A report from independent UK think tank ODI last week suggested that taxes on unhealthy foods were needed to offset the rising cost of healthy foods like fruits and vegetables, which have tripled in the past 30 years in the UK, while the price of ice cream has halved.
I certainly agree that the widening price gap between healthy and unhealthy foods should be narrowed, but to many cash-strapped consumers, taxes seem like a heavy-handed way to level things out.
Sugar in particular has been targeted for its lack of nutritional value as an ideal candidate for taxation. But whether subsidies to sugar farmers were cut, or sugar users were taxed, the question remains – would increasing sugar prices affect consumption? And if it did, would that affect obesity levels?
An EU report released last year concluded that taxes do “achieve a reduction in consumption of the taxed products”, but conceded that “there are as yet no robust conclusions on the impact of food taxes on public health”. It didn’t say that taxes were ineffective – just that we don’t know whether there might be unforeseen consequences, such as consumers simply switching to cheaper brands, or buying untaxed products with similar levels of sugar, salt or fat.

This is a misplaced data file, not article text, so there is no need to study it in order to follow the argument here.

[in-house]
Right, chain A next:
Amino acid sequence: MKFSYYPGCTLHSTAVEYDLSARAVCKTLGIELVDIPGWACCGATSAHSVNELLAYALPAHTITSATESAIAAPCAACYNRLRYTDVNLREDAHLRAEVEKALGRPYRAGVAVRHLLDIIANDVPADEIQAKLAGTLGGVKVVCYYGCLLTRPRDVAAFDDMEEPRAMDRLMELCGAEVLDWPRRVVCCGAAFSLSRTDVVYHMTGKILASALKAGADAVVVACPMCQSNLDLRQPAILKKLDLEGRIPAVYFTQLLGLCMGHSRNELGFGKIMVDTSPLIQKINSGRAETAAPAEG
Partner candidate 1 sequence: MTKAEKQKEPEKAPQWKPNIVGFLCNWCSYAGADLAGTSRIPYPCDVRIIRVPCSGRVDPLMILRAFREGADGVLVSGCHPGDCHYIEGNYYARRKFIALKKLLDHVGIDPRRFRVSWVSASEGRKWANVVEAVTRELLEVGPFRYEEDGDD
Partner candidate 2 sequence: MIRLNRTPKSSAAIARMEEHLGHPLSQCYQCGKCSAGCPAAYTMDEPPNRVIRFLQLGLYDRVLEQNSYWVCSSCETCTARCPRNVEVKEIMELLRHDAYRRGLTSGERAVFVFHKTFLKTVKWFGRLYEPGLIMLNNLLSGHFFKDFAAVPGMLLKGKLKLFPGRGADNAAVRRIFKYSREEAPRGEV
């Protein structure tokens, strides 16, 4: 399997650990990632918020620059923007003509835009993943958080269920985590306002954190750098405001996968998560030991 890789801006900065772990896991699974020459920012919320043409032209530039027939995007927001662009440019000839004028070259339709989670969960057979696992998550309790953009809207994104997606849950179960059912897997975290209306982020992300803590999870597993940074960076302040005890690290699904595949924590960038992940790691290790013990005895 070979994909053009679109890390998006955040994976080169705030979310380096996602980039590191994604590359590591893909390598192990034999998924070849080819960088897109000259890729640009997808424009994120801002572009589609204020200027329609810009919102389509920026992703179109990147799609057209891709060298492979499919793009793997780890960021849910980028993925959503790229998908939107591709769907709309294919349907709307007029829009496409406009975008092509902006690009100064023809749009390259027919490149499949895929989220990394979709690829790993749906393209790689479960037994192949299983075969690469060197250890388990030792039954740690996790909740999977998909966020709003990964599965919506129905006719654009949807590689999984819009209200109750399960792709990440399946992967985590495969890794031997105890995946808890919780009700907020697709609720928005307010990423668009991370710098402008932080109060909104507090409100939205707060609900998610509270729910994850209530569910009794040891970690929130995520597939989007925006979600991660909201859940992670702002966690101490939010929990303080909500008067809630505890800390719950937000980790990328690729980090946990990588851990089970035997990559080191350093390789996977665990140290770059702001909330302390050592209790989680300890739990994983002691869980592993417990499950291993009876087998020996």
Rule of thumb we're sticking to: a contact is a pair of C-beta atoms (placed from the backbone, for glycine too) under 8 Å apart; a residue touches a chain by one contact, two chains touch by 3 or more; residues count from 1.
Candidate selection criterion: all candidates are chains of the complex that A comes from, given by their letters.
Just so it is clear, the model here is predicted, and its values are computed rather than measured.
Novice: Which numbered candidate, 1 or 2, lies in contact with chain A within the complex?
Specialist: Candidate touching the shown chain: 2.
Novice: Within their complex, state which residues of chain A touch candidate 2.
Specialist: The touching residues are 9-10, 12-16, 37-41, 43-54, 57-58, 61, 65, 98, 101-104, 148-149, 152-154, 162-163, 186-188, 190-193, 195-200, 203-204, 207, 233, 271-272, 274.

The continuing drive to cut saturated fat since the 1980s should also provide a cautionary tale: The low sat fat message unintentionally increased population-wide carbohydrate consumption, and it now looks like that shift in dietary components meant people ate more calories – and that the added carbs contributed to heart disease. Oops.
Nutrition research is ongoing and new discoveries about how our bodies respond to different macro- and micronutrient combinations are emerging all the time. As free-living human beings, we are subject to environmental and dietary influences that are nearly impossible to control in large-scale studies – and our genes play a role in how we process food.
Perhaps we need to spend more time trying to work out why someone is drawn to fatty takeaway foods and sugary snacks – and why they find that behaviour difficult to moderate – than in trying to price them out of being able to access them. There is plenty of research suggesting that sugary and fatty foods prompt an addiction-like response, but that’s clearly not the full story. Why, for instance, do people of lower socio-economic status tend to consume more junk foods? And if it’s largely a matter of education, specific educational programmes should theoretically have a larger effect than they do.
In the meantime, here’s an idea: Instead of trying to price people out of the market for unhealthy foods, why not concentrate instead on pricing people into the market for healthy foods?
I don’t rule out taxation as a tool that could help moderate behaviour. However, we have a long way to go in understanding why people make certain food choices and how we might respond to higher prices for certain foods.
Taxes alone are unlikely to solve obesity. At best they are just one tool among many.